Steven Herring performs for Ticonderoga Middle School students. Herring is a member of The Learning Arts, which presented “Broadway and Carnegie Hall” to students recently.
Ticonderoga students got a taste of Broadway recently.
The Learning Arts, a collaboration of music and education professionals, recently presented “Broadway and Carnegie Hall” to students.
It’s the second year The Learning Arts has visited Ticonderoga’s middle and high schools.
“Most of the performers have changed, but the quality remains the same,” John Donohue, middle school principal, said. “The performers have played in venues like Carnegie Hall, Broadway and PROMS. They really are some of the best of the best.
“The performing and teaching artists of The Learning Arts are here in our school district through the generosity of an anonymous donor family from the region,” he said. “They will be performing concerts and leading thematic workshops linked to life skills, the academic curriculum and the arts. They are leaders in their field and come highly recommended.”
Dianne Legro, a stage actress and singer, Tom McCoy a pianist and composer, Steven Herring, an opera and stage performer, and Jim Benoit, a percussionist, made the trip to Ticonderoga.
“They’re phenomenal,” Donohue said. “It’s a great opportunity for our kids to enjoy these professional artists. It’s a wonderful learning experience.”
Besides performing, members of The Learning Arts did workshops with students that incorporated science, English, math, history and art.
“Music touches all of us,” Legro said, “and it touches so many aspects of our lives. We want children to see music everywhere they look.”
Besides “Broadway and Carnegie Hall,” the troupe presented programs on “Music as Story” and “Exploring American Poetry and Literature through Music.”
The Learning Arts visit to Ticonderoga was free to the school. The cost of the three-day program was covered by an anonymous donor, Donohue said.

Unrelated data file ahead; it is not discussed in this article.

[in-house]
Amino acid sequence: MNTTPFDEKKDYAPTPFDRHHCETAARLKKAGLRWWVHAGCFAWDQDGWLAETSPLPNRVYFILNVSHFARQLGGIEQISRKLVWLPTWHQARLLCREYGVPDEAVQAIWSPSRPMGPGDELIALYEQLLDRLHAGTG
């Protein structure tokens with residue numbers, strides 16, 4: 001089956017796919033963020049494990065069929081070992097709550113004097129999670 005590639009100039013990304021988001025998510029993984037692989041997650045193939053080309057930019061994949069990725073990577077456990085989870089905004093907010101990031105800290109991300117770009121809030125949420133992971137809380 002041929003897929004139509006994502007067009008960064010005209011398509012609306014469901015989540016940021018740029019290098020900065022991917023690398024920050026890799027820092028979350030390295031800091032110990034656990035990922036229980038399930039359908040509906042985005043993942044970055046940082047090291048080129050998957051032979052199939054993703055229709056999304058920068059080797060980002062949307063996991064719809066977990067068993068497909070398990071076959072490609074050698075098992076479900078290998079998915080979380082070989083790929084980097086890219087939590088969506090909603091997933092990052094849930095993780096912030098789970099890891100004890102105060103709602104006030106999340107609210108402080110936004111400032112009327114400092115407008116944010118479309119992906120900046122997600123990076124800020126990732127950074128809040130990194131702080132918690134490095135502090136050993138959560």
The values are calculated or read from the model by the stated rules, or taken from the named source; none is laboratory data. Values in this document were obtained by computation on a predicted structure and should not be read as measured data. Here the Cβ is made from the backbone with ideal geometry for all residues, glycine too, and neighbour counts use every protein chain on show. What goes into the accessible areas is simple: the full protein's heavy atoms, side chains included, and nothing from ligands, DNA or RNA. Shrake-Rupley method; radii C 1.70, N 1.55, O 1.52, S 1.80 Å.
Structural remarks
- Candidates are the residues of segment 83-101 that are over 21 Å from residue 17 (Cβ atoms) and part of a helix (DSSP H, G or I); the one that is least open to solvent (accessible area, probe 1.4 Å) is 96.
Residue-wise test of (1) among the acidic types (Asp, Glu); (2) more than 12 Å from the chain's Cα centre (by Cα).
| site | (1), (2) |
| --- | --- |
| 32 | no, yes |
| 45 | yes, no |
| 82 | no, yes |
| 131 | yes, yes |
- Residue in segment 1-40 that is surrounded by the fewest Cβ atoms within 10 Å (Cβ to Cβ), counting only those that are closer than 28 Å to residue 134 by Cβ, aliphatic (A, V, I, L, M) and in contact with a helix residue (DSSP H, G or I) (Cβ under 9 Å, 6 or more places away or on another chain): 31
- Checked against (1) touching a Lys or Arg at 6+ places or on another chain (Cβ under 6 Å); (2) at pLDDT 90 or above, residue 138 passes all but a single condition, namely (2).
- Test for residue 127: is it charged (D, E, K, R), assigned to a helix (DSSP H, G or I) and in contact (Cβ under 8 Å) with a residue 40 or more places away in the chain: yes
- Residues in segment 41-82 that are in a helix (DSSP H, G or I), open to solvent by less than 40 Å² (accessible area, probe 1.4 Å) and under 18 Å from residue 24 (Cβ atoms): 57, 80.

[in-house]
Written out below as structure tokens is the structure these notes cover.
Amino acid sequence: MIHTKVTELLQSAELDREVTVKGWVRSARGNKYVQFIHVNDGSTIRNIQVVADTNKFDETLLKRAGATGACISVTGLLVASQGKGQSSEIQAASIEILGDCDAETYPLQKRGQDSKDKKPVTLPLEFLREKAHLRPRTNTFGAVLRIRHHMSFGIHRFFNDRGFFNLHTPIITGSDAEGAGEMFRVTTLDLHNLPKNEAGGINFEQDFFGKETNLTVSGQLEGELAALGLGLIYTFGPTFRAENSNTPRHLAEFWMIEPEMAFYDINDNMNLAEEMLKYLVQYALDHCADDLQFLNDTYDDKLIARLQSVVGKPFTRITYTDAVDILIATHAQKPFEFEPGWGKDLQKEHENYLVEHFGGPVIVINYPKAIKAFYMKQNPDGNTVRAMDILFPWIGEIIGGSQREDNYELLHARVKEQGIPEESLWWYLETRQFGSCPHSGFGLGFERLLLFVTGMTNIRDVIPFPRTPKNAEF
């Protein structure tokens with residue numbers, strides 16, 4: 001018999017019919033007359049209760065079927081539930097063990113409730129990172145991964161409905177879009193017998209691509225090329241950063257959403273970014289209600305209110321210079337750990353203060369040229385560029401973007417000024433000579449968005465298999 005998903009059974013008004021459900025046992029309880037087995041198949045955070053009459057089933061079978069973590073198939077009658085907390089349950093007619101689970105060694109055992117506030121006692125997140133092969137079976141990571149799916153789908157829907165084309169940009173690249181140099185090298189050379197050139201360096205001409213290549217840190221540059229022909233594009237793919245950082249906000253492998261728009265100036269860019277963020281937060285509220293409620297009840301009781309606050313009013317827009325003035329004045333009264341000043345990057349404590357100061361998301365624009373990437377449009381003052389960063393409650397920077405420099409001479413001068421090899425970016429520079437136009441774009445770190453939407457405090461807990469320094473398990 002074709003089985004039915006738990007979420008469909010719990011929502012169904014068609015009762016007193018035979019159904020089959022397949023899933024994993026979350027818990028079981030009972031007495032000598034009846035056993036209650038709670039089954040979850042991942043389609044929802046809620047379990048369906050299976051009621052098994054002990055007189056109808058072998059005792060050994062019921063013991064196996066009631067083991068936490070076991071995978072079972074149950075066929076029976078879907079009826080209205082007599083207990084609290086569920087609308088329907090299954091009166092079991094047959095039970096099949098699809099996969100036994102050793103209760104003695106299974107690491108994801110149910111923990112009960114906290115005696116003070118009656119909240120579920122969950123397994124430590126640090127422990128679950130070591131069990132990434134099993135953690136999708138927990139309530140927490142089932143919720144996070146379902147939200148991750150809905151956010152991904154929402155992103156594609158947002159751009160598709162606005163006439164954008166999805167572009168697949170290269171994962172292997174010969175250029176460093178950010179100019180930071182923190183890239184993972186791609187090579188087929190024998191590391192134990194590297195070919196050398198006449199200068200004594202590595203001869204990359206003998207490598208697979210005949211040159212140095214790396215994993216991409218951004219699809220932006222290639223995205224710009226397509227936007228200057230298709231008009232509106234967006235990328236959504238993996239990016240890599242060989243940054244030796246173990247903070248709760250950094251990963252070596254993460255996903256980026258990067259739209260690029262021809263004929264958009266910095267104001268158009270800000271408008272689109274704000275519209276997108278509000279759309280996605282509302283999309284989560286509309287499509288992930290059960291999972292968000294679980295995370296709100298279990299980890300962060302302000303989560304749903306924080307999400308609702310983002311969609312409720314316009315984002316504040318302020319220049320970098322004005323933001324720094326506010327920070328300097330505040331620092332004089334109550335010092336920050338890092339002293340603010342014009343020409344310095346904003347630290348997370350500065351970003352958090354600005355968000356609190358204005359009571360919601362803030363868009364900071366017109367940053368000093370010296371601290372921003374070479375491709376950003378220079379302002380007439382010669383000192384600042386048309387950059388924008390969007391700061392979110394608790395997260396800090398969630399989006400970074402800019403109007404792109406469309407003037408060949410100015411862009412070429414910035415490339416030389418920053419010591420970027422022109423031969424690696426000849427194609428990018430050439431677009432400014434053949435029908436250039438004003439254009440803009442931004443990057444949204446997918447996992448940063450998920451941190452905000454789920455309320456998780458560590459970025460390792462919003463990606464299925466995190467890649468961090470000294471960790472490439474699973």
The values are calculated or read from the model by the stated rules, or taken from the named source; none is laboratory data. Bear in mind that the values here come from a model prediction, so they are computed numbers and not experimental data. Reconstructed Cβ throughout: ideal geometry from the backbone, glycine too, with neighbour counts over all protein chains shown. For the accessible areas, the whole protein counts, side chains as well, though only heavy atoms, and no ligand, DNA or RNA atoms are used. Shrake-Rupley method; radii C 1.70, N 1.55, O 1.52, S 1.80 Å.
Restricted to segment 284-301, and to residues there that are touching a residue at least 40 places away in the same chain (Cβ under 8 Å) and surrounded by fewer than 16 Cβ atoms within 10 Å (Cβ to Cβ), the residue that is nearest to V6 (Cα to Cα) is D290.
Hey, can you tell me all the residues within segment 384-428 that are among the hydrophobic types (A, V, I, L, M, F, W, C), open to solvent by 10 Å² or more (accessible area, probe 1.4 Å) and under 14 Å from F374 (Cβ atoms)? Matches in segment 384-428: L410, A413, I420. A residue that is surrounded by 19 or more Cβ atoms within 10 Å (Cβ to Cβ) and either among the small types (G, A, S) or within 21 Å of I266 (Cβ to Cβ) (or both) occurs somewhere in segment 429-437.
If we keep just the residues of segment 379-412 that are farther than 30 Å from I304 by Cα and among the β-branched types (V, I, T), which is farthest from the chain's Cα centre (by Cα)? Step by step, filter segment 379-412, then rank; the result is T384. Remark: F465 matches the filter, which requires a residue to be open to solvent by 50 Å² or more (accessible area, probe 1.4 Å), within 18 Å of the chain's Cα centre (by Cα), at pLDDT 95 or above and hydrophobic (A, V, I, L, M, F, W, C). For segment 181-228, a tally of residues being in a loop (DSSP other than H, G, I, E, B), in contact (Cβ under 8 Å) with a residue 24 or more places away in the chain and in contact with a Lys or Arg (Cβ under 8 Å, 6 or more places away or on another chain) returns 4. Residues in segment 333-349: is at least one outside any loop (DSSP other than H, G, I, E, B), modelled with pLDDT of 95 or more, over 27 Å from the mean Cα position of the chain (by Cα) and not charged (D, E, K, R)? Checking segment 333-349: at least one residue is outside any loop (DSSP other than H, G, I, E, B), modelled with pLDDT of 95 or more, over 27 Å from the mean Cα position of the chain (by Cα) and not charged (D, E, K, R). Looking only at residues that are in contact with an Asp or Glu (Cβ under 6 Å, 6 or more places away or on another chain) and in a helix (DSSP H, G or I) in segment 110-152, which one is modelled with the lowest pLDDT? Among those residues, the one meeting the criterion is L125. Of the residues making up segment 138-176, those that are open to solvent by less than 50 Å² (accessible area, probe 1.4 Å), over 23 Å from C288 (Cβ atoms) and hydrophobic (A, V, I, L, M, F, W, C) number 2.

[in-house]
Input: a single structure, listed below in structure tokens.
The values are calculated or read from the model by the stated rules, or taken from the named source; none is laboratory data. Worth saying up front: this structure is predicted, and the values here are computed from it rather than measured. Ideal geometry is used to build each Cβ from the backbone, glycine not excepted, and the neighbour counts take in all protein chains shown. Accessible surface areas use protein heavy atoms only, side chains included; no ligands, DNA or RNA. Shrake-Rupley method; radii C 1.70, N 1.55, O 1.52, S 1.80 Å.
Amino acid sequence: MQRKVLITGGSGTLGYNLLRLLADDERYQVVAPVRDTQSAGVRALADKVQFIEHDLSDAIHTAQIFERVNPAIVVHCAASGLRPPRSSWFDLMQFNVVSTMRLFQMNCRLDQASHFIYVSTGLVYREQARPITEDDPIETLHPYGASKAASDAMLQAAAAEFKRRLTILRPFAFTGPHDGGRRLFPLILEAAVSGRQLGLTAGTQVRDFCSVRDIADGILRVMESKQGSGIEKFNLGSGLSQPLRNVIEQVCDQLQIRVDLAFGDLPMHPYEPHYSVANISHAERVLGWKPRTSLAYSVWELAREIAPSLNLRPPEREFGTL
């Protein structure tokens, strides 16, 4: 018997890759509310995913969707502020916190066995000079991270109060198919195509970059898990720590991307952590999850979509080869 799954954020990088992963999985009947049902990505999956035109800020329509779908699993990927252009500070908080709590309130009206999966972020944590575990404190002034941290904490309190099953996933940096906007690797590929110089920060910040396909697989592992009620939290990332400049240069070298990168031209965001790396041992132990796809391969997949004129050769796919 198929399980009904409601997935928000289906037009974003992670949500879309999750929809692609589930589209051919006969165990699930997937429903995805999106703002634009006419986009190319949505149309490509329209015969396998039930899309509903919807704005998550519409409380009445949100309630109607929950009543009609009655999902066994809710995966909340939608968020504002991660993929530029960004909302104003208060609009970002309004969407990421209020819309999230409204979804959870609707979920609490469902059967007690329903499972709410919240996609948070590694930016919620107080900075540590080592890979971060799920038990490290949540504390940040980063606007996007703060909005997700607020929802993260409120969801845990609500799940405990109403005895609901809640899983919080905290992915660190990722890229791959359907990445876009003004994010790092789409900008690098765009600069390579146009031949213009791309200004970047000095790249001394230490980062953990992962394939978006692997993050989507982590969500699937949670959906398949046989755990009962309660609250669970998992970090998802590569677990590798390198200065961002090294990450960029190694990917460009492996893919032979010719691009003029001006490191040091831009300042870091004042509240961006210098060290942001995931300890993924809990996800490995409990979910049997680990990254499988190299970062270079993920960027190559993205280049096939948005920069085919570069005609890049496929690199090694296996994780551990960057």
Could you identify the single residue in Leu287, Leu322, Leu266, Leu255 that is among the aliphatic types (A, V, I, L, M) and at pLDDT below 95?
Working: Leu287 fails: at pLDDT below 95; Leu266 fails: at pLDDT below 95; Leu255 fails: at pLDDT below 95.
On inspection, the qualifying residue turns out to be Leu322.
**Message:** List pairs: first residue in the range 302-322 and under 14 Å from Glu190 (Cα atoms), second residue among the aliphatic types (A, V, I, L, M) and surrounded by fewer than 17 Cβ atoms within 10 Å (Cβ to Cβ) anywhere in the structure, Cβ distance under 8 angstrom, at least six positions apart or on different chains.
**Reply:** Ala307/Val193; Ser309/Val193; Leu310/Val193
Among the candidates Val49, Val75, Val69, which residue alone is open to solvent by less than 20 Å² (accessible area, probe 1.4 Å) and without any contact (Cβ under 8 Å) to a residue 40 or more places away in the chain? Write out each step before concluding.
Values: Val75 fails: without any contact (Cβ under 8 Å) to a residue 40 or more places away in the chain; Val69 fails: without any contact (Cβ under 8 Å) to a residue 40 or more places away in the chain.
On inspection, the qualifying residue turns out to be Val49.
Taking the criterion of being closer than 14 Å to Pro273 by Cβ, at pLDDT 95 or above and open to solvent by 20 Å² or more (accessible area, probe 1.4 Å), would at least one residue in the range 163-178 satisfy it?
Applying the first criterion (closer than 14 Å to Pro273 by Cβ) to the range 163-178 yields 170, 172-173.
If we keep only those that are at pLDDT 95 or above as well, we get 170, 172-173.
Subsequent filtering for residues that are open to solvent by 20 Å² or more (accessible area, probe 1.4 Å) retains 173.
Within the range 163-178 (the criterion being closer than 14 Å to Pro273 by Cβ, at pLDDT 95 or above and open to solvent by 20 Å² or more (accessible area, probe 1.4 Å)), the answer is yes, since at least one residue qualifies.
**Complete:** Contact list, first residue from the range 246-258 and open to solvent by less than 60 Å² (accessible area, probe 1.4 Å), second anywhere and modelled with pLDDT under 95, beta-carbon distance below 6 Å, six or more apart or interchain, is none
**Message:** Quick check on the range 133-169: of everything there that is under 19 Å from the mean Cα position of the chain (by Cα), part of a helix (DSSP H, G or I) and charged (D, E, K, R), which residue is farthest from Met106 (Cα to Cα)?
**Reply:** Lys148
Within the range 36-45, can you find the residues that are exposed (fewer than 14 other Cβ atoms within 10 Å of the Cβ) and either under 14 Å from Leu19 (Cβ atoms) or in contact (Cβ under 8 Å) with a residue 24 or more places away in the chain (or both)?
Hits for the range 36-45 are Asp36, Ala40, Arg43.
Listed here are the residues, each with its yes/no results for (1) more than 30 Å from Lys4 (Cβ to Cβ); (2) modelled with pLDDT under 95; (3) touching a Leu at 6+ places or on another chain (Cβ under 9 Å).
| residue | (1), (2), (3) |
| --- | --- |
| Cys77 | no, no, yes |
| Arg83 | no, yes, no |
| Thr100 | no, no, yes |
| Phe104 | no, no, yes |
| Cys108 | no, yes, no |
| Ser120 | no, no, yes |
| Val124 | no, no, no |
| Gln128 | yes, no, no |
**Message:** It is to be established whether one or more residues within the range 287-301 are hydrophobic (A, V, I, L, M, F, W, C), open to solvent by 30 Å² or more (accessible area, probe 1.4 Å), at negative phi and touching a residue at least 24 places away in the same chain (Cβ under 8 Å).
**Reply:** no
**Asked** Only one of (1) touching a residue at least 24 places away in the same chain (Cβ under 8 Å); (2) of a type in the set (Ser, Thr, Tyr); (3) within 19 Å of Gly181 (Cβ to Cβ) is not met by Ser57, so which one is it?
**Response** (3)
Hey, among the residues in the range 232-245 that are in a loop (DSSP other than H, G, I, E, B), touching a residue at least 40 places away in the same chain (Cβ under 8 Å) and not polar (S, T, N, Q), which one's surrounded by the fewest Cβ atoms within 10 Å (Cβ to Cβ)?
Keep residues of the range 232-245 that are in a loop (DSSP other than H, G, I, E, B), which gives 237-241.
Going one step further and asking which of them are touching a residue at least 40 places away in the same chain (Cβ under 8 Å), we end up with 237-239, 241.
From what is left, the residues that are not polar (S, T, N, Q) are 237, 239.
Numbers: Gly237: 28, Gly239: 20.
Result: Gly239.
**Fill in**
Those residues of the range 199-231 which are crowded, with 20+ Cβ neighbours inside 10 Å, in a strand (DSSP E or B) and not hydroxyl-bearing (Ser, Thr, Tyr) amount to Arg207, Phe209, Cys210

Legro said the anonymous donor has deep roots in the Adirondacks and a desire to share love of the arts with local students. Thanks to the donation, Legro said The Learning Arts will visit all 62 schools in the Adirondack Park this academic year.
“We have been committed to education and life long learning for more than 30 years,” John Cimino, president of The Learning Arts, said. “Education is the centerpiece of our mission. Our work with educators and students in more than 30 states has won us national recognition and our unique innovations in arts-based teaching and learning, linked to our signature approaches to interdisciplinary thinking, creativity, and knowledge integration place us at the cutting edge of educational research, theory and practice. We work with students of all ages and all abilities.
“Our programs are interactive learning experiences designed to spark students’ thinking, curiosity and the desire to learn more,” he said. “From one-hour workshops exploring the inner life of music and art to music-centered programs illuminating the inner workings of science and the humanities, our programs support and extend academic curriculum standards while building important connections between ideas. Our programs are at once playful, serious, creative and fun.”